After an absence of a number of years, the DfE has once again conducted a diary survey of the workload of around 1,000 teachers. https://www.gov.uk/government/uploads/system/uploads/attachment_data/file/285941/DFE-RR316.pdf That’s about 0.2% of the workforce. On average, all the school teachers surveyed reported working over 50 hours during the survey week, primary classroom teachers averaged 59.3 hours per week, slightly longer than the 55.7 hours averaged by secondary classroom teachers, and the 55.2 hours worked by classroom teachers in academies: both primary and secondary school head teachers reporting working more than 60 hours per week. Classroom teachers in most school types reported teaching 19 to 20 hours a week. The exception to this was teachers in special schools who reported teaching 16.8 hours.
Teachers of all types worked around 12 hours a week outside what might be regarded as their normal working week. Head teachers spent around half of this time on school and staff management while classroom teachers spent at least three quarters of it on planning, preparation and assessment (PPA). Time spent on PPA was as common for classroom teachers in primary, secondary and academy schools as teaching at around a third of their total workload. The fact that despite the introduction of non-contact time in the primary sector some years ago teachers still report having to send time outside of the normal working week on these activities shows how intense the job has become.
However, as the dairy recorded a term-time week it would be different in weeks outside of the 190 days when pupils are present. As I have said in the past, teachers are required to work a form of employer directed flexi-time, with part of their so-called long holidays really being compensation for the extra hours worked during term time.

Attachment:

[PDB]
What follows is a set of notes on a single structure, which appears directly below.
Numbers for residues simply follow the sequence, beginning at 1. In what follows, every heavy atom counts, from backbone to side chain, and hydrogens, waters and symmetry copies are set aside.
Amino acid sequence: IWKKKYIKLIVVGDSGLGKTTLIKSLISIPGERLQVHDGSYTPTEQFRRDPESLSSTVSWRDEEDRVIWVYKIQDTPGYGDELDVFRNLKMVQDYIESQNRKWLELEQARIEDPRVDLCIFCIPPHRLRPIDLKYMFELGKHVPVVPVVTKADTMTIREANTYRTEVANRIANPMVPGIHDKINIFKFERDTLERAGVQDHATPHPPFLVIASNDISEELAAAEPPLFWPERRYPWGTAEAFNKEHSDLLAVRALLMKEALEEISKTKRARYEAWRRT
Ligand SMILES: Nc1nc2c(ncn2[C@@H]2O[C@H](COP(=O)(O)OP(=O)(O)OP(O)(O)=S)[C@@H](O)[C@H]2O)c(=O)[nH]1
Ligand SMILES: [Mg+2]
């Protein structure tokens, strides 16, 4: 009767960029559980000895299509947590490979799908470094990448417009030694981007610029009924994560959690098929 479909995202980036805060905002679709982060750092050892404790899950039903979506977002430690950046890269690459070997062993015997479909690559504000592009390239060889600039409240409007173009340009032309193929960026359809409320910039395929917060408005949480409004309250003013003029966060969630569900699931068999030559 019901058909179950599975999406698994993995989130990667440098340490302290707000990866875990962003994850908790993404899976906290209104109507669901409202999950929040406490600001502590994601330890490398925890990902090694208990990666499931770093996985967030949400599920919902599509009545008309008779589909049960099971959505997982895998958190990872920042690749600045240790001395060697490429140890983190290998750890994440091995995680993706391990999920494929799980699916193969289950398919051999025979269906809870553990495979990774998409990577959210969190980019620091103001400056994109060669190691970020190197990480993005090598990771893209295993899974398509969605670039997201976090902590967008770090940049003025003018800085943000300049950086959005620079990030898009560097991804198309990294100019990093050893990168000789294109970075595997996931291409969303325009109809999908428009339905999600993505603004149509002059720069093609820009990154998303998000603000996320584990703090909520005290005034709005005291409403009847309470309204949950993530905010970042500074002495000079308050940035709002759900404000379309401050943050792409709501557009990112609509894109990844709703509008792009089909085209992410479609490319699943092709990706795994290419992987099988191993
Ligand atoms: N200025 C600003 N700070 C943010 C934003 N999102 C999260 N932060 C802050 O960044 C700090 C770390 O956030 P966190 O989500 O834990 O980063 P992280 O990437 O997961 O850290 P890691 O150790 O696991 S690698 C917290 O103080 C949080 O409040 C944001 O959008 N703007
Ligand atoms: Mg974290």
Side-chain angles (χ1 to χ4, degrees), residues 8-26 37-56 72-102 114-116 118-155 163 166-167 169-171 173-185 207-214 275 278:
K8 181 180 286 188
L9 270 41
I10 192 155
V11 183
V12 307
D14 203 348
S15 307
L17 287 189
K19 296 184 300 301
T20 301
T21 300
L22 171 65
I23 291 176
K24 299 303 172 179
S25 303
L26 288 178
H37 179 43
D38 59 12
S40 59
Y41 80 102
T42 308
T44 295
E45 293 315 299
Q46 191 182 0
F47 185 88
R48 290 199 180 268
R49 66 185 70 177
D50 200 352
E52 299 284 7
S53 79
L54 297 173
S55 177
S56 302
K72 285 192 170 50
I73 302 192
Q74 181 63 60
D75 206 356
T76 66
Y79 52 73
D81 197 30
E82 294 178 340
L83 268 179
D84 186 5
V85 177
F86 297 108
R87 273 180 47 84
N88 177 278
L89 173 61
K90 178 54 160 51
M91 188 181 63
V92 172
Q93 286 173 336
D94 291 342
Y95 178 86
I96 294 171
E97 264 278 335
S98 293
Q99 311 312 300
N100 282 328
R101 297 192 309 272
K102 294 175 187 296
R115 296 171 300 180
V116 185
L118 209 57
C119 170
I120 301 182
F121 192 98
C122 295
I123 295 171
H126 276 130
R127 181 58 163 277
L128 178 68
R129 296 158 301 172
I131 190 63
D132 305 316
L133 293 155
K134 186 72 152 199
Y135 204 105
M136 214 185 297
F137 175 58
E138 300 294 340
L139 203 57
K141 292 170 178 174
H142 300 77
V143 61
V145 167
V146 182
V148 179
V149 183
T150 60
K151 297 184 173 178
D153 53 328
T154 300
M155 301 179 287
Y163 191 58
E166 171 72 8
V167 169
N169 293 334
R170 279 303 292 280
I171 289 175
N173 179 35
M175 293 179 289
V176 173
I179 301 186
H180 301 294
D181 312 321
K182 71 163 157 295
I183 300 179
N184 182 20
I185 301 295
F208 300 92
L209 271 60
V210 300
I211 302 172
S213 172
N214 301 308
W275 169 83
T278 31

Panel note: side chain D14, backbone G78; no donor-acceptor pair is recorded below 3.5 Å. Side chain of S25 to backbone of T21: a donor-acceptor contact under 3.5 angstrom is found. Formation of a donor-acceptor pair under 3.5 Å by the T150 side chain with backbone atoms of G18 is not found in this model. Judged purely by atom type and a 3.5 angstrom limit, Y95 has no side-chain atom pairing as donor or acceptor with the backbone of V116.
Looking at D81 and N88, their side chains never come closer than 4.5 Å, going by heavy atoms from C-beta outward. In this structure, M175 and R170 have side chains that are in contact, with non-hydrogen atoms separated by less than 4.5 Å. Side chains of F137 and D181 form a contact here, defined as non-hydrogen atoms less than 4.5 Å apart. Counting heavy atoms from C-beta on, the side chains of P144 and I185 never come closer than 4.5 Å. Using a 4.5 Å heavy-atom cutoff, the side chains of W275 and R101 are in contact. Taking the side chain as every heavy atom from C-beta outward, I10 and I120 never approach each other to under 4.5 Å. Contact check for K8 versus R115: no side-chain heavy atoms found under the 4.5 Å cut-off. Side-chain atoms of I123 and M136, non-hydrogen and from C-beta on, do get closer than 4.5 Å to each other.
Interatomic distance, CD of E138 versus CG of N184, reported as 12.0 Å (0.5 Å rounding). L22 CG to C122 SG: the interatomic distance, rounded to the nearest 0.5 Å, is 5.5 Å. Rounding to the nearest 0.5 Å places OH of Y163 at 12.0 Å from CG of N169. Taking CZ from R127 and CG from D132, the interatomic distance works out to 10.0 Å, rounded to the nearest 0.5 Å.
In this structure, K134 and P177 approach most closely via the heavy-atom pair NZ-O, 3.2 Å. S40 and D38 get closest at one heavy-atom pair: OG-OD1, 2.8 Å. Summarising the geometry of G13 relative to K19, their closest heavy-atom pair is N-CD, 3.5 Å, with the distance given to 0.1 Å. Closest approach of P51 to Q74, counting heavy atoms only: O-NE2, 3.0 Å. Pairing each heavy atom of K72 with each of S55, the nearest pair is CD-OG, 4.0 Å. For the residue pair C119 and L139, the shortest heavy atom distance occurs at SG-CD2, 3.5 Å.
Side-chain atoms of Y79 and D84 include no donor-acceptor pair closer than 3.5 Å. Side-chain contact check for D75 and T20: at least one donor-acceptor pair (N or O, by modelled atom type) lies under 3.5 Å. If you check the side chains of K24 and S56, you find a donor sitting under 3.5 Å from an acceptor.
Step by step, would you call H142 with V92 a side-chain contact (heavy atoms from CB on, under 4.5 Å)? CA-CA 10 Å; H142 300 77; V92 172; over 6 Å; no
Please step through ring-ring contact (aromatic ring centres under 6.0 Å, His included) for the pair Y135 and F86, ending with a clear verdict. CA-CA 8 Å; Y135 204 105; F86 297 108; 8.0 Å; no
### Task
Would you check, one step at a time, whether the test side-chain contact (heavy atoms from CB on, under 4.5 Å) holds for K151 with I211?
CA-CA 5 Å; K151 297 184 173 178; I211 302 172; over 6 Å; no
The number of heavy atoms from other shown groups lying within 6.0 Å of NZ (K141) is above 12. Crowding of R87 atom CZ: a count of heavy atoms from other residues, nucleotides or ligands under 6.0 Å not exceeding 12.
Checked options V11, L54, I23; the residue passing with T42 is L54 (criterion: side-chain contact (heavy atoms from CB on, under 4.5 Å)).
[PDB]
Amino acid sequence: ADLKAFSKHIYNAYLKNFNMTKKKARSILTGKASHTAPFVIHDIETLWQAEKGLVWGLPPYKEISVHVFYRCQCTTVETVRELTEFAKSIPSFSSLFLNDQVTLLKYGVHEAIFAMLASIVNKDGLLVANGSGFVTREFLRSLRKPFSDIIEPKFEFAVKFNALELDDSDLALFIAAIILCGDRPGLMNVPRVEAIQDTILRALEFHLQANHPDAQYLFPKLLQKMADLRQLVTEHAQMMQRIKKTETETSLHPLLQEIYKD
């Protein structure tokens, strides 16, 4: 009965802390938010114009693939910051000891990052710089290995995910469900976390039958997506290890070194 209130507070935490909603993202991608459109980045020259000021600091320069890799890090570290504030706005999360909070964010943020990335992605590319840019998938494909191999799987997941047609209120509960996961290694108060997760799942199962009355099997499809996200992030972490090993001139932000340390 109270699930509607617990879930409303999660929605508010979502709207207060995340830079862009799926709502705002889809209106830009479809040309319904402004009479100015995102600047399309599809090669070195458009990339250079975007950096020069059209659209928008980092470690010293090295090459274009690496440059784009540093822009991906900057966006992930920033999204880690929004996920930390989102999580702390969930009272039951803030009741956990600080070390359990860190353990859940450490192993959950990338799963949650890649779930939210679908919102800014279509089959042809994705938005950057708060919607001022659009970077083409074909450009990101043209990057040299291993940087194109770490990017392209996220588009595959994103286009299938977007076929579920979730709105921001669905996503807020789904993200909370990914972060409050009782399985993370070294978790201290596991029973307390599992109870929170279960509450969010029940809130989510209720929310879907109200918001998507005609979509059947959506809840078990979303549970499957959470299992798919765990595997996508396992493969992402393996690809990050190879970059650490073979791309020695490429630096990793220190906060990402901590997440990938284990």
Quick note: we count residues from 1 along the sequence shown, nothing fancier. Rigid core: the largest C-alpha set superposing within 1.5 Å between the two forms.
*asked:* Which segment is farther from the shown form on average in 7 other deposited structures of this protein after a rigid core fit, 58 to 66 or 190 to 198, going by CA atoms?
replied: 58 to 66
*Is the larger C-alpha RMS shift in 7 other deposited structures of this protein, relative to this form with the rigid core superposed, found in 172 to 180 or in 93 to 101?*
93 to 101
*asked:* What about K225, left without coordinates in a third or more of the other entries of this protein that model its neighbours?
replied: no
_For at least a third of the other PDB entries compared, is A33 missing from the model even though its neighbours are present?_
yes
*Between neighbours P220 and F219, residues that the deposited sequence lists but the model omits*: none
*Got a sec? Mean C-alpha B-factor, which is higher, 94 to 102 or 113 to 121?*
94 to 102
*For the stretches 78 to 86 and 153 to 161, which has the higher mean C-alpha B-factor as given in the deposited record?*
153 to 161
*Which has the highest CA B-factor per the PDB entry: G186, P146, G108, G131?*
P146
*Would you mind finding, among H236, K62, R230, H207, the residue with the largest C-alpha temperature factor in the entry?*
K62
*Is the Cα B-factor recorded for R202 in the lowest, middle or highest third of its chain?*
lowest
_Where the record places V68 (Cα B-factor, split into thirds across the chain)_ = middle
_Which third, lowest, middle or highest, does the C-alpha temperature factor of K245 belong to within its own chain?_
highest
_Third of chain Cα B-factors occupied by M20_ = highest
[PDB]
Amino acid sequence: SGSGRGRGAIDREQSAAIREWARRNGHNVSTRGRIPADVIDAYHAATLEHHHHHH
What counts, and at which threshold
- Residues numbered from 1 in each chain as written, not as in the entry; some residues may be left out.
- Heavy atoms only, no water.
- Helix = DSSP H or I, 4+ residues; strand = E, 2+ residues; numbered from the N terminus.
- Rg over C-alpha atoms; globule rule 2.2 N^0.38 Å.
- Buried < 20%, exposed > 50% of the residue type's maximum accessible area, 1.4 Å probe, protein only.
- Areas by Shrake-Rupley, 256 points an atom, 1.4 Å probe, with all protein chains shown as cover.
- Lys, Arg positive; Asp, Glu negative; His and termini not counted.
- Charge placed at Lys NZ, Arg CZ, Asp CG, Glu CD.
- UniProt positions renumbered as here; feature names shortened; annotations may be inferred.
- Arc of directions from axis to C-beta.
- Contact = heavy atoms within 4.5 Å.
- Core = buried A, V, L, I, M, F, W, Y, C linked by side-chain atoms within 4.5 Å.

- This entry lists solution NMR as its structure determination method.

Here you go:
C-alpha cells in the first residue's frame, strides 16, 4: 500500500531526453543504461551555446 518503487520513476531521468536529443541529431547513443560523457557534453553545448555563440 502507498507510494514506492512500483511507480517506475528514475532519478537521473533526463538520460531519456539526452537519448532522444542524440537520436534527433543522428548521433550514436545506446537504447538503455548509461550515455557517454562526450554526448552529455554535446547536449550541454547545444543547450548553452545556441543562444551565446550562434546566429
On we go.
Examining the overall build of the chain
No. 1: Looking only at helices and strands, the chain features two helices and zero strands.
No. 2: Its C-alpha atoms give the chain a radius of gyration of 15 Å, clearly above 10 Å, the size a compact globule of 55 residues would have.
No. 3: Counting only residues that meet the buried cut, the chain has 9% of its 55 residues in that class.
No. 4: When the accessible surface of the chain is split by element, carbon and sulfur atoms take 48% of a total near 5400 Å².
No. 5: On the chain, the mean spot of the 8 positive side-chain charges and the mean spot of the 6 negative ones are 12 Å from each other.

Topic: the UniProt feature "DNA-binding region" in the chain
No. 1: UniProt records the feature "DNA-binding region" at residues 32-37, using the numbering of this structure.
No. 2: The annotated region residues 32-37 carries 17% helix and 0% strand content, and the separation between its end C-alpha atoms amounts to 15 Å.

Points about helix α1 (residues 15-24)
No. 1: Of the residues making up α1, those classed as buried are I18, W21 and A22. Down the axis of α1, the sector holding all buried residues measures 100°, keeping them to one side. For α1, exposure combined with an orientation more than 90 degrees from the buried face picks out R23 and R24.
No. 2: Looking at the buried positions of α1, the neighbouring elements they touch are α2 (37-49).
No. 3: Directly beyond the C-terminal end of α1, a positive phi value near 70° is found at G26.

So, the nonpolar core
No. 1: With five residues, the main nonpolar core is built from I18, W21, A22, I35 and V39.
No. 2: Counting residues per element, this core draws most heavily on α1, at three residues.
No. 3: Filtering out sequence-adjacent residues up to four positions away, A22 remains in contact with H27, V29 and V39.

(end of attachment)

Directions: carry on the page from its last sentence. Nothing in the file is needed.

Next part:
Teachers and heads generally thought the amount of time they spent on unnecessary and unnecessarily bureaucratic tasks had increased over the last 12 months, with 35.8% of head teachers and 44.6% of deputy and classroom teachers surveyed expressing this opinion.
The fact that preparation for Ofsted took time out of the working week for some teachers should be no surprise to anyone. The other big issue was over the data collection necessary for individual pupil tracking. There is clearly some way to go in some schools where the survey group worked to stop this becoming a tiresome burden for classroom teachers. Several years ago I advocated a new grade of data technician for schools to both collect and analyse data on behalf of classroom teachers. Despite handing budgets to schools, there still seems to be a way to go before this type of assistance permeates the sector as a whole.
If a classroom teacher works 60 hours a week for the 40 weeks of term-time then they will clock up 2,400 hours a year before counting any time spent on school work during the rest of the year, such as secondary teachers being present when examination results are handed over, or the five INSET days that are compulsory for all teachers. By contrast, an admin assistant working for 46 weeks a year at 40 hours per week will only work 1,840 hours a year. This means that if a teacher does work 2,500 hours per year, and earns £30,000, then their hourly rate is just £12. Even at 2,000 hours the rate is just £15 per hour.
Expect some hard pay bargaining in schools where this is the case now that national scales have been abolished. Many teachers might well be better off doing regular supply work rather than working at the bottom of the current scale. Indeed, it might be time to reassess the way that teachers’ contracts are established.